Most of ING’s sustainable finance activity was in EMEA (66%), with sustainable finance transactions in APAC also gaining momentum. The Americas team managed to keep volumes relatively stable in the US, a market characterized by slowing environmental, social and governance (ESG) sentiment ahead of the 2024 elections and general uncertainty about the direction of the next administration.

Jacomijn Vels, Global Head Sustainable Finance: “What 2024 will bring is not easy to predict, remember that the outlook at the start of 2023 was for the Sustainable Finance markets to return to growth, instead we observed a second year of decline in volumes. Longer term the fundamentals however remain strong for a growth case for sustainable finance; increased regulatory support and reporting requirements combined with sustained commitment from investors towards sustainable investments.”

The main purpose of sustainability-linked transactions is to stimulate ING’s clients to step up their transition by linking their financing to their sustainability performance. According to Robert Spruijt, EMEA head of Sustainable Finance at ING, the 2023 drop in sustainability-linked volumes can be explained on the one side by the total syndicated loan market plunging in 2023, but also by the stricter guidance in the market for lenders around targets setting having had an effect. The latter we see as a positive development - as stated in our position paper on the credibility of this market of 2021 - since stricter requirements on ambition & materiality levels will enhance the impact of the sustainability linked market.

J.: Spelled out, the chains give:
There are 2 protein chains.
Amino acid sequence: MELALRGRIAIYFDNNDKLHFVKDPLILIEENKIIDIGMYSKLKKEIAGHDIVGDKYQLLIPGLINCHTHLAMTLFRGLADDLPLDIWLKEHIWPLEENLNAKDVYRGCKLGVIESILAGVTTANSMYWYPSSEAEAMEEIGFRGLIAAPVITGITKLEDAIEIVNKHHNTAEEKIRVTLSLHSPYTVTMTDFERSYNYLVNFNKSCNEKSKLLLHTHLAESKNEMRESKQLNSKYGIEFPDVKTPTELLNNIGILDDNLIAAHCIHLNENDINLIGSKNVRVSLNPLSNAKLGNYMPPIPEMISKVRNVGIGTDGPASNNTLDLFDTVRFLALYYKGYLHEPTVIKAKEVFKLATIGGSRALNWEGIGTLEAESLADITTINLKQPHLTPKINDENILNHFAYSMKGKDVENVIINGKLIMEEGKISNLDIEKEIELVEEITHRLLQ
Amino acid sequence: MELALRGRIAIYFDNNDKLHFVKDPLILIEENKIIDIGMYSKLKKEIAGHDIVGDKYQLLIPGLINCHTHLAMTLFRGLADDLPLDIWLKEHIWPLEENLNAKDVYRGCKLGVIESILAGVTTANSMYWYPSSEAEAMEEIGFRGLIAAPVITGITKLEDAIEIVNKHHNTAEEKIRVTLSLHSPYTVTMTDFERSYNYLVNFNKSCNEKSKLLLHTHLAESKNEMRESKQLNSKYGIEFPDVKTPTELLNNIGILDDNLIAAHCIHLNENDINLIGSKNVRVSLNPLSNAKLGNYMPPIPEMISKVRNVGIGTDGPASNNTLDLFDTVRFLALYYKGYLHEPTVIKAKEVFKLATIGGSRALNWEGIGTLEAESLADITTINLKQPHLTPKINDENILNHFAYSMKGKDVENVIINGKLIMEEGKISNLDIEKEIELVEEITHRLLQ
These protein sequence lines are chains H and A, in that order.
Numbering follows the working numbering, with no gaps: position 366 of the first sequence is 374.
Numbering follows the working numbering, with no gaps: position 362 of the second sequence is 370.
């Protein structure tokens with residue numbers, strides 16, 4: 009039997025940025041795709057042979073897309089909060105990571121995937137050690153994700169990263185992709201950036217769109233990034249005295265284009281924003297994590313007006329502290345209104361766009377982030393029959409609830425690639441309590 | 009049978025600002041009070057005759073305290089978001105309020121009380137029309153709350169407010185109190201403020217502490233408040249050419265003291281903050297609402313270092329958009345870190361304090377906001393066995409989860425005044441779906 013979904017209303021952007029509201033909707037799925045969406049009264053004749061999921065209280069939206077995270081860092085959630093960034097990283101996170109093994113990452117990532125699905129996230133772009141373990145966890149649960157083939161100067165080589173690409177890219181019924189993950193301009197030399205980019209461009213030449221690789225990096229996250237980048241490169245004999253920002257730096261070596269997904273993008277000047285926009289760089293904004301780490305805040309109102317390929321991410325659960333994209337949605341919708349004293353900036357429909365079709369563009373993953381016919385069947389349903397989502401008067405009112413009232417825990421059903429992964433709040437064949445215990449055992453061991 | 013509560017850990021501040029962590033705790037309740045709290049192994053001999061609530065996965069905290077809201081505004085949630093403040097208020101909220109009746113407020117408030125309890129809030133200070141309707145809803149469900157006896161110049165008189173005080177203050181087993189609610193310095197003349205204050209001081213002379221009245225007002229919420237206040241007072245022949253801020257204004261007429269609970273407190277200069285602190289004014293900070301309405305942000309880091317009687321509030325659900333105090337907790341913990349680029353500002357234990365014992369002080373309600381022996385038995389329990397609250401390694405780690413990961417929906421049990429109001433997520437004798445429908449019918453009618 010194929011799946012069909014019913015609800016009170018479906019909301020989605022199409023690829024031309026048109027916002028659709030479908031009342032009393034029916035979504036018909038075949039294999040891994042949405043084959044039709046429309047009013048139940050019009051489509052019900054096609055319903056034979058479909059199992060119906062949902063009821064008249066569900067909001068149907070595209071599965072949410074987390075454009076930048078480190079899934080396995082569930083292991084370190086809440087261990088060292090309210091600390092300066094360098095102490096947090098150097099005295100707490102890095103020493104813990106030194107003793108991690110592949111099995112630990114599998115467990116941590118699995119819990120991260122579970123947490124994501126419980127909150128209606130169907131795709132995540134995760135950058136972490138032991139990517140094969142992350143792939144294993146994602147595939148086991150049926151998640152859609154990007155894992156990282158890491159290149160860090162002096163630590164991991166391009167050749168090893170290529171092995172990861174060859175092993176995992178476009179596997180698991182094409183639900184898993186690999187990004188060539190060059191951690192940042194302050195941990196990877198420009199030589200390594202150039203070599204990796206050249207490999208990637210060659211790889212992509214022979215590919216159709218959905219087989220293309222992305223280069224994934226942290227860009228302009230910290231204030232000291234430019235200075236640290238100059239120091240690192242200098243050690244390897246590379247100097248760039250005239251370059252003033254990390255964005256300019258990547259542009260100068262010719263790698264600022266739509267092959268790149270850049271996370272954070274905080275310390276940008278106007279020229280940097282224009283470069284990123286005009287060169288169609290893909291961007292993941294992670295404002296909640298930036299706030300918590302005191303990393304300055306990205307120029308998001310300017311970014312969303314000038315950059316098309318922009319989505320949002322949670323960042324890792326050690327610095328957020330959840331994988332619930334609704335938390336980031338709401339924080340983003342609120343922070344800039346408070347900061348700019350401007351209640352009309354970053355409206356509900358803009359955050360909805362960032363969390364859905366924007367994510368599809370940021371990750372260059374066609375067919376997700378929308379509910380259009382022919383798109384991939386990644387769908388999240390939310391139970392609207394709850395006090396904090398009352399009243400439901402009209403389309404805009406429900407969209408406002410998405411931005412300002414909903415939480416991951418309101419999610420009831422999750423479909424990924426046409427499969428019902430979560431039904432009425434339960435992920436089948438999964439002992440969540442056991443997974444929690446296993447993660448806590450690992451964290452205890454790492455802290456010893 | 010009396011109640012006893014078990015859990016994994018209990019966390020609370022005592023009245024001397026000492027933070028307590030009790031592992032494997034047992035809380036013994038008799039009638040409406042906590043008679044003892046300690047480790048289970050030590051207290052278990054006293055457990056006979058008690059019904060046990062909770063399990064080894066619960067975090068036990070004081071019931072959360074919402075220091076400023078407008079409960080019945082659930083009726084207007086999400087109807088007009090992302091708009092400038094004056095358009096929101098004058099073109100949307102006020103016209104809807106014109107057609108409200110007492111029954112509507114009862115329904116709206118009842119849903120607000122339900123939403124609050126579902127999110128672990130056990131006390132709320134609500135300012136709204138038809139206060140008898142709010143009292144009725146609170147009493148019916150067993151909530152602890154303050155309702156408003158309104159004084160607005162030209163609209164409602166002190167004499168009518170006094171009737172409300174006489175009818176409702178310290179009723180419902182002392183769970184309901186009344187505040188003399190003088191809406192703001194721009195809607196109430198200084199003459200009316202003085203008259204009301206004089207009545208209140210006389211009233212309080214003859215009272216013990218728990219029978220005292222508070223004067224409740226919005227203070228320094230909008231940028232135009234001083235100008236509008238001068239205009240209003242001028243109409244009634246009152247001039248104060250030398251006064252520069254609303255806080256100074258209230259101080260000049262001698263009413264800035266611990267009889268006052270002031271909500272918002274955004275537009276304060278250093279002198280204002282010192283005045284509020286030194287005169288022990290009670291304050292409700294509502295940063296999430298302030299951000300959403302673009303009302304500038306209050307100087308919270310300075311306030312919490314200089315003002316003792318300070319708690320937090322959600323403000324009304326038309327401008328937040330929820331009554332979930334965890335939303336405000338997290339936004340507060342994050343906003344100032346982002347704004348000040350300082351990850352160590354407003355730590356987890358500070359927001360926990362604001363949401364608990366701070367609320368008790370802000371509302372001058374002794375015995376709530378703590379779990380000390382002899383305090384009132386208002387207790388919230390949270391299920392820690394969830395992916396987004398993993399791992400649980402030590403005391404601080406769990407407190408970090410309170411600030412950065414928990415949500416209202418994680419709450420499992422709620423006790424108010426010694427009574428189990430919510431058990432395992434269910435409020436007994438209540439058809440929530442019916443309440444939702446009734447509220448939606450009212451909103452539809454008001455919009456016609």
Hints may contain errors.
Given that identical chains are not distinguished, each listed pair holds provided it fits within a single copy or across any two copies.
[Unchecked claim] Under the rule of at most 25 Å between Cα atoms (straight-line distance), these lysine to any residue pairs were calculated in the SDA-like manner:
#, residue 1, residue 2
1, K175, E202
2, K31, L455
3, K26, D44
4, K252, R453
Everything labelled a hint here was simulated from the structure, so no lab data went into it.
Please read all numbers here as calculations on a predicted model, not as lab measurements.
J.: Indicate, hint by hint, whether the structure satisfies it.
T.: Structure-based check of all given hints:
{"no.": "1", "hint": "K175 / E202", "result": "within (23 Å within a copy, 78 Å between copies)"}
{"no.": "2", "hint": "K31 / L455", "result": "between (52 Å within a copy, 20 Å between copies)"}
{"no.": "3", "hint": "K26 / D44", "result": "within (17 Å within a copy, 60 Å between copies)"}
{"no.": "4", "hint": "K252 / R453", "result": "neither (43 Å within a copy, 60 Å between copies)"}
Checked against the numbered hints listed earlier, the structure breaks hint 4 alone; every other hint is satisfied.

ING SF transactions

ING Research highlight: plastics